Consimworld Expo is the finest war gaming convention I know of (with the World Boardgaming Championships – WBC – in Lancaster, Pennsylvania being a close second). Consimworld Expo takes the title by a nose due to it being big enough to provide wargamers with as many options as they could possibly want, the hotel is impressive, there are plenty of sightseeing side-trips to occupy anyone’s free time, the area is beautiful and, not only do you meet a bunch of great guys but, publishers, designers and developers abound. This year, for example, in addition to the special guest of honor Mark Herman there will be in attendance Gene Billingsley, Christopher Cummins, Tony Curtis, Ken Dingley, Mark Hinkle, Joseph Miranda, Michael Resch, Mark Simonitch, Jeff Tibbets, Vance von Borries, Ian Weir, Rick Young and Joe Youst.
Now, we always try to get to Consimworld Expo. However, last year due to scheduling conflicts I don’t believe any of us from Long Island were able to take part, but this time at least Hermann Luttmann, Harvey Mossman and I will be there. In fact, I just registered today and it reminded me that I never did get around to post any pictures from our last trip in 2013.
So. without further ado:
First, four or five of us arrived a couple of days early and took a number of side-trips. One was to Tombstone (the town to tough to die, but not tough enough to resist becoming a tourist trap. Although an interesting one at that).
The opening scene in a Tombstone saloon’s re-enactment of “The History of Bar Fights in the Old West.” The take-away: “never bring a knife to a gun fight.”
Gary and Harvey on a side-trip to our side-trip.
An outdoor bar besides one of the town’s silver mines, which were opened to the public too.
We also took time to visit to the Pima Air and Space Museum before the convention got started. It was well worth it.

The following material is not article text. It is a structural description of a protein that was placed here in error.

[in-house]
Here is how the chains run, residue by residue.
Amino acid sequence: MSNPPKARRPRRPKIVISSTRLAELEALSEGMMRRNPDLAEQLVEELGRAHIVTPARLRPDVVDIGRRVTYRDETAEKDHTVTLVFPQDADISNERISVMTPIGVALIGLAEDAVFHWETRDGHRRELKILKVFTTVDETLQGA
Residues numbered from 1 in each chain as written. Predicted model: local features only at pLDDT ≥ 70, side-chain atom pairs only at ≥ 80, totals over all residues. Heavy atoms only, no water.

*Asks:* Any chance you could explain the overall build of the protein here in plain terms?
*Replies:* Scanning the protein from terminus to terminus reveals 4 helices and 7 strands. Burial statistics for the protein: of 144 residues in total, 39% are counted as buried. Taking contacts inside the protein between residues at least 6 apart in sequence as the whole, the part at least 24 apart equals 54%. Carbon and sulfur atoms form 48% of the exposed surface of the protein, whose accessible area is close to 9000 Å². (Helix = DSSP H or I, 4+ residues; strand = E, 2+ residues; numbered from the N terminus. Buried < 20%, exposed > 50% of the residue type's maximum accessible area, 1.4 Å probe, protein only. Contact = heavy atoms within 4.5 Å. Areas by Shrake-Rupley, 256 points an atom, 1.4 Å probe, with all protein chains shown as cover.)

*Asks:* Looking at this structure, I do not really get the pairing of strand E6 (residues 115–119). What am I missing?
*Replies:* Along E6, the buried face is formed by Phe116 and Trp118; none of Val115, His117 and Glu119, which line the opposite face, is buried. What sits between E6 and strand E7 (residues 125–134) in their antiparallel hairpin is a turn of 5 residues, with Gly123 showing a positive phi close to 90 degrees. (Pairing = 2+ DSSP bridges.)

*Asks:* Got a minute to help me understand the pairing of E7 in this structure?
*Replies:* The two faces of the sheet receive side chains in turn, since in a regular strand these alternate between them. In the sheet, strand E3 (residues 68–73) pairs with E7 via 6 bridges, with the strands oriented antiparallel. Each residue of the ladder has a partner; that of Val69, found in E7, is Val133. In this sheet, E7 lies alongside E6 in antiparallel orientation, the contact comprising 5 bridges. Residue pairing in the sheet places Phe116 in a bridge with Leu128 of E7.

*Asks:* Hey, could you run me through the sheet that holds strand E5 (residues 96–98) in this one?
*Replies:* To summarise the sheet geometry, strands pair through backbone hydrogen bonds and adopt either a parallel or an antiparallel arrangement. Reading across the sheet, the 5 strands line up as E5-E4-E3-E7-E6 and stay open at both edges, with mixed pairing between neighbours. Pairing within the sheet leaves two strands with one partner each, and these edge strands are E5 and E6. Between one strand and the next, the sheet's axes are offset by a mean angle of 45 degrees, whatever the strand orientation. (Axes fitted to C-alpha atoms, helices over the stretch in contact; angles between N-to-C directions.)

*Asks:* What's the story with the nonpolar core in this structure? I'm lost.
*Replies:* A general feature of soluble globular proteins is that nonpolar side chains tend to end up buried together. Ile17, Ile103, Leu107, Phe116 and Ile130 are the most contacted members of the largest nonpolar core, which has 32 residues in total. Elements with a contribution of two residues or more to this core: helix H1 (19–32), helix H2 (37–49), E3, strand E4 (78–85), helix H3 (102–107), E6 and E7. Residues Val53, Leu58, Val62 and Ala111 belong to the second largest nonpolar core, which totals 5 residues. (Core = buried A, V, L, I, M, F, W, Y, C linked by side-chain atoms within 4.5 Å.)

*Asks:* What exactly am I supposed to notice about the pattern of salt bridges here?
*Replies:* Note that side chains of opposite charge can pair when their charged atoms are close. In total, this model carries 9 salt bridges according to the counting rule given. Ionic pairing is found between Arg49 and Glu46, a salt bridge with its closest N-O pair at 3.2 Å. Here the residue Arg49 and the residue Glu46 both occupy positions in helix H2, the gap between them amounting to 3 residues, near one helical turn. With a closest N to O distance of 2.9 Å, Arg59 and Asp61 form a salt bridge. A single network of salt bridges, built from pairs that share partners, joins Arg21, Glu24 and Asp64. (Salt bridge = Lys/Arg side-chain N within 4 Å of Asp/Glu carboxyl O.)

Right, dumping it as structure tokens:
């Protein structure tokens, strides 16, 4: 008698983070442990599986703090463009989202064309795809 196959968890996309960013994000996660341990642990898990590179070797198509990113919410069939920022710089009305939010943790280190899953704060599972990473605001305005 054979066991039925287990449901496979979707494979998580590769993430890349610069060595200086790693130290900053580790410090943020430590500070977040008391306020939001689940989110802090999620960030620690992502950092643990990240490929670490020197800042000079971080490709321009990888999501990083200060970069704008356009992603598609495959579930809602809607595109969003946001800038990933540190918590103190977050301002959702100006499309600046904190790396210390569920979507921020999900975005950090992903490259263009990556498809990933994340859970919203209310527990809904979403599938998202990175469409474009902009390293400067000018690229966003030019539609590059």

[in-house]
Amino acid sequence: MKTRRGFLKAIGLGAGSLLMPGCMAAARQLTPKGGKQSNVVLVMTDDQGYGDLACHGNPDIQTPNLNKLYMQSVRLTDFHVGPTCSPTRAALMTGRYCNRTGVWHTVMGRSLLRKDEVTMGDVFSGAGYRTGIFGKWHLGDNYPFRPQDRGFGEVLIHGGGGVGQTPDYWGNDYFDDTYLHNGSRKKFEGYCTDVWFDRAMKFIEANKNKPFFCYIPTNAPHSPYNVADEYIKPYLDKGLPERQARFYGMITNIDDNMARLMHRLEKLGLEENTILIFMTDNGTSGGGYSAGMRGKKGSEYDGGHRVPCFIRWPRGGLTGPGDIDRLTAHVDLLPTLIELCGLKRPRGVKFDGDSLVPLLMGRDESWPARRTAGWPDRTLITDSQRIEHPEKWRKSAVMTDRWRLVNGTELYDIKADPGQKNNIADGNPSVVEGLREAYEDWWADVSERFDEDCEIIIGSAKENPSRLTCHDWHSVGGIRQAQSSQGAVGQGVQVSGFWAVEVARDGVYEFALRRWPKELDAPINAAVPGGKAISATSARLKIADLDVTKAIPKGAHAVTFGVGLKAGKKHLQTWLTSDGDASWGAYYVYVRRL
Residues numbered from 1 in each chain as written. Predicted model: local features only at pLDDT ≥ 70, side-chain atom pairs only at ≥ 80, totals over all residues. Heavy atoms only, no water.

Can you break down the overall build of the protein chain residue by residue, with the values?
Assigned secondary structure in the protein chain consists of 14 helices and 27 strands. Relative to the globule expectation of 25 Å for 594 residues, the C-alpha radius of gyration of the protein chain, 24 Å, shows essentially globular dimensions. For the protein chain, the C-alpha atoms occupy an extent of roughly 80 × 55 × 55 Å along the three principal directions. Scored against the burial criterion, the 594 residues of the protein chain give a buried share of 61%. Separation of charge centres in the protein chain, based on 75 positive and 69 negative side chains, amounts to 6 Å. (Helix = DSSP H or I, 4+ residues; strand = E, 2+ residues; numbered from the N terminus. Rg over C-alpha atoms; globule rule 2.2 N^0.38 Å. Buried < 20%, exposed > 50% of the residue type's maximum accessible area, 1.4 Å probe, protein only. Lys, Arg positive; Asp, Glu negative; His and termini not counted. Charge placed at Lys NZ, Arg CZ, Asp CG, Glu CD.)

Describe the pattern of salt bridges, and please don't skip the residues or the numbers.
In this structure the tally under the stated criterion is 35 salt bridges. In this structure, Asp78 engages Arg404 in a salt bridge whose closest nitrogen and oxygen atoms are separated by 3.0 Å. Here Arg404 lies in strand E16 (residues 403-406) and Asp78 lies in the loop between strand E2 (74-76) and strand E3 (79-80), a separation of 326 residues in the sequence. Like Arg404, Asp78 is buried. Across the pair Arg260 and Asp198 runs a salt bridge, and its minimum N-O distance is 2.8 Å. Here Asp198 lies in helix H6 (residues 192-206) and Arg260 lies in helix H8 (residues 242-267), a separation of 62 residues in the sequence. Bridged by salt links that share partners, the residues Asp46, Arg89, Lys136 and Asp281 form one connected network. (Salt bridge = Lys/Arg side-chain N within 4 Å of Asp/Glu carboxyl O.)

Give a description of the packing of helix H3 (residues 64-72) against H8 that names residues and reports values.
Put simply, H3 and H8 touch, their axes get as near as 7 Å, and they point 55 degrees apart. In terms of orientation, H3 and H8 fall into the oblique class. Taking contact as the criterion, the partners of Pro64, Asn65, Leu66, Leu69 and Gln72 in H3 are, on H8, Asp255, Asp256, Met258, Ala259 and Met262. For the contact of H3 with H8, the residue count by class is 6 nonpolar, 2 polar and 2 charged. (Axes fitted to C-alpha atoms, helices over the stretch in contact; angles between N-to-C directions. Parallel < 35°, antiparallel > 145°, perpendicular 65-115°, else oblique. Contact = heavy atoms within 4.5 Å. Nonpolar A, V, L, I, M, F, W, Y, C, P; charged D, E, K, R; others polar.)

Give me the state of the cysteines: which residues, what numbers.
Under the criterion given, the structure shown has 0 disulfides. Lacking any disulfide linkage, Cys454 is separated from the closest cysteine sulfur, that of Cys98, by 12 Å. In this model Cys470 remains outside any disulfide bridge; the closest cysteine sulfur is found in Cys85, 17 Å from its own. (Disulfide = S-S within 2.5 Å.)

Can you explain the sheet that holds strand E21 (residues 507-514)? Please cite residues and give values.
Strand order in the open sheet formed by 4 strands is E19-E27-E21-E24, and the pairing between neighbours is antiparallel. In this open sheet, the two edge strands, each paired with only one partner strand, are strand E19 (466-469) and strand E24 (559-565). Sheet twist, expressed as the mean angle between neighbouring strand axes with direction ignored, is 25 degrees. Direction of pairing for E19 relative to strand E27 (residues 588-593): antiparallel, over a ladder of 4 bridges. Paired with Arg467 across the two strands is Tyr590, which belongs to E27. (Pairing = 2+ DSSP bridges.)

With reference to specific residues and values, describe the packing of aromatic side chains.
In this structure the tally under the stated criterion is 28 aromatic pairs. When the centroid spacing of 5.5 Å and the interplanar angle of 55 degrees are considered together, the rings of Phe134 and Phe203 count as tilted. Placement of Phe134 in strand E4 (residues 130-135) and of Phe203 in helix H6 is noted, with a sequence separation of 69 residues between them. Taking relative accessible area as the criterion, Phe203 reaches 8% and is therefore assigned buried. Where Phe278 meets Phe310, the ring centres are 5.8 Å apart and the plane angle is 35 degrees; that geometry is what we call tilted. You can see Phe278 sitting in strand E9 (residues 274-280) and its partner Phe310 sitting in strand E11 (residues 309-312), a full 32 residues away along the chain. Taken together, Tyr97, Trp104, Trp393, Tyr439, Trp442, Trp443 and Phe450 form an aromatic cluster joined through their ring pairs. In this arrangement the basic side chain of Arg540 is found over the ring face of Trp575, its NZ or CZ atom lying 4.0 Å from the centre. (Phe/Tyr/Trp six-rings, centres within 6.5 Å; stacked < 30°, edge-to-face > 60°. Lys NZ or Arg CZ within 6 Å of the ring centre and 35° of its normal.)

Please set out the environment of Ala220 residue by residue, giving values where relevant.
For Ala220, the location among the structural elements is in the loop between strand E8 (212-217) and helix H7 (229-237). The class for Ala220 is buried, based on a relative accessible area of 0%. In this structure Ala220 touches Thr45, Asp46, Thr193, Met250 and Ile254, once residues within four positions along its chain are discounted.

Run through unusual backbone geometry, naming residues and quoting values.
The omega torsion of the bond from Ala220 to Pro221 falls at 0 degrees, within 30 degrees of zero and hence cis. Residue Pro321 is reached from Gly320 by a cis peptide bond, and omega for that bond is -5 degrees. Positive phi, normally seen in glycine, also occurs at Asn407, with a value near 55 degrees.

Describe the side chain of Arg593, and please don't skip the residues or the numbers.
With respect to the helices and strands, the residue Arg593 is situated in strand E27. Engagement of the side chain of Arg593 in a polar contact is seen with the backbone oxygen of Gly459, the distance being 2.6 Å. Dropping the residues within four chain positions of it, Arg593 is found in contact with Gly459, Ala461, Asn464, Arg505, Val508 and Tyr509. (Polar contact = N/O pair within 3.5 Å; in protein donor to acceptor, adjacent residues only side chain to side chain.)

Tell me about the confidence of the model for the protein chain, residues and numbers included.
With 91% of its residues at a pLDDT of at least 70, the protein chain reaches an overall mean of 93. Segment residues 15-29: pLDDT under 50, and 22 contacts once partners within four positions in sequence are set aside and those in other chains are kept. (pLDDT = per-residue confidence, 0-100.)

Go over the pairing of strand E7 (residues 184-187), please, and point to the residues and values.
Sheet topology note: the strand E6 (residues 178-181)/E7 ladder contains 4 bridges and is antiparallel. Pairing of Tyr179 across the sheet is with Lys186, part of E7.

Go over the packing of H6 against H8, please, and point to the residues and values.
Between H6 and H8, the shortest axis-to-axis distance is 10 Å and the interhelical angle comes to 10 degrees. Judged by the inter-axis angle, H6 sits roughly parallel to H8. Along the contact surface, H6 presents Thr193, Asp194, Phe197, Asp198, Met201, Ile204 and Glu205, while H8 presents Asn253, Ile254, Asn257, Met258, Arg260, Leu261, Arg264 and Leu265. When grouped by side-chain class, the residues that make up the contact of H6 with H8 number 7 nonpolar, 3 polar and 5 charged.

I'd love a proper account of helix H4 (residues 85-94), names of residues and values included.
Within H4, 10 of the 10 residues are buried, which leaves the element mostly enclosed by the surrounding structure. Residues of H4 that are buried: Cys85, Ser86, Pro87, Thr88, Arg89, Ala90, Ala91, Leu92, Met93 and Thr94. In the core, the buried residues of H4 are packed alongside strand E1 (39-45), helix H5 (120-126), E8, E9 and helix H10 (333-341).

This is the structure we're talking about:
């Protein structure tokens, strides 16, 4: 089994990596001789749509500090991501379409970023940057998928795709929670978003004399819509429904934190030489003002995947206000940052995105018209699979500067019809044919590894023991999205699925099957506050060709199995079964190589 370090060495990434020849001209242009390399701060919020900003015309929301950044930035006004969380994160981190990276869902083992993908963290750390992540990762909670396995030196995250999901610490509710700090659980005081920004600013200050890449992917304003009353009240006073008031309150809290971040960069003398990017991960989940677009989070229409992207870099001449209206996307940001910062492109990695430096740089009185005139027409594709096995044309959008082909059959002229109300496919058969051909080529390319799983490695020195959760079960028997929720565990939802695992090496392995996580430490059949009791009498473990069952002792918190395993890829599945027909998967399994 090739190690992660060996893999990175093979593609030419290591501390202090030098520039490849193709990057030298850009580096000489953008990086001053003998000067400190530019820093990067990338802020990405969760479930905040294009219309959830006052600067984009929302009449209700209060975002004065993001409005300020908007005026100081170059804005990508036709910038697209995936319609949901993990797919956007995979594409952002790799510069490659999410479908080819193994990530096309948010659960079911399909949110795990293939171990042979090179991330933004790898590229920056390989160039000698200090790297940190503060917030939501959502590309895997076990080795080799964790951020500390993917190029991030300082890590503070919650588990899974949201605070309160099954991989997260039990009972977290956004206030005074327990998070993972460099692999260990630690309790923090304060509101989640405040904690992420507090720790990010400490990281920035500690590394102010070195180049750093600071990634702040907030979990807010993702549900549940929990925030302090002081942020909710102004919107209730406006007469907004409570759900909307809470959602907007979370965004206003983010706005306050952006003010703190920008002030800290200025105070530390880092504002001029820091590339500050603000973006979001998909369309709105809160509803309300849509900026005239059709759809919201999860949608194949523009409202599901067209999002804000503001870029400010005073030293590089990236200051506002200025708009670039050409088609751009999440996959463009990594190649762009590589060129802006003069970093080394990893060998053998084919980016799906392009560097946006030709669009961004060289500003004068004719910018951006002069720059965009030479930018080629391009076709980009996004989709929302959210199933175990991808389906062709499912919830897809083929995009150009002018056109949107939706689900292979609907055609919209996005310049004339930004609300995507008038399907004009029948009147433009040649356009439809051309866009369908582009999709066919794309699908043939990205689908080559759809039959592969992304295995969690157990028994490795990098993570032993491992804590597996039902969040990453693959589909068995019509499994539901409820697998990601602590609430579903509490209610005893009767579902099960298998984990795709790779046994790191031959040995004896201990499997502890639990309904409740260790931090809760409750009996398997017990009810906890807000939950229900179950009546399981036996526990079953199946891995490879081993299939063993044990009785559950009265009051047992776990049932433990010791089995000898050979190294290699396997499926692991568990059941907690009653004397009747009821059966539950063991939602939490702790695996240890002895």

A Cobra attack helicopter at the museum
An A-10 Thunderbolt II, universally known as the Warthog, was part of their collection.
In addition, a SR-71 (known as the “Black Bird”) was at the museum. The Pima Air & Space Museum is a private non-profit museum. located in Tucson, Arizona. There is also an 80 acre boneyard at the site and daily bus tours of it are available.
Then we spent 5 days at Consimworld 2013 in a very fine hotel,
The main gaming hall at the Tempe Mission Palms (in 2009). I’d expect around 300-350 wargamers there this year, mostly playing monster games, but also open games, newly published games and playtesting versions of about-to-be-published games.
Another view of the main hall at Tempe. It’s the home of truly monster games. I once played “Wellington’s Victory” there for three days. My British/Allied forces weren’t so much defeated as my morale was broken.
The main hall (also known as the Grand Ballroom) at the Tempe Mission Palms ready for a more formal gathering.
Basically, the monster games are found in the main room and the play-test versions are found in the front hall. There are also two or three side rooms that are usually involved. This is a view of the front hall. That might be Harold Buchanan, the designer of Liberty or Death, the American Insurrection (a game in the COIN series) on the far left.
An early version of Kirk Uhlmann’s “The Lamps Are Going Out – World War I” was playtested too.
Note the “battle board” in the lower left hand corner has been removed from newer versions of “Lamps.”
Achilles and Ajax playtesting an earlier version of “Lamps.” (Just kidding. It only feels that way.)
Hermann Luttmann (left) playing an extra large version of the first edition of his “Dawn of the Zeds” and Joshua Gottesman, the Victory Point Games’ Business Manager, on the right looking on.
The extra large version of “Dawn of the Zeds” (First Edition) that was available for play.
A version of the “Sergeants Miniatures Game” (SMG) was set up in order to teach anyone interested.
A copy of “High Frontier,” a SF game about exploring and developing a solar system-wide economy, was always in play in the main hall. “High Frontier” was designed by Phil Eklund and published by Sierra Madre Games in 2010.
The “High Frontier” map from another angle. There is now a second edition, with a third edition in play-testing..
A copy of “Wellington’s War” was also in play in the main hall. WW was designed by Hans von Stockhausen and published by Pacific Rim Publishing.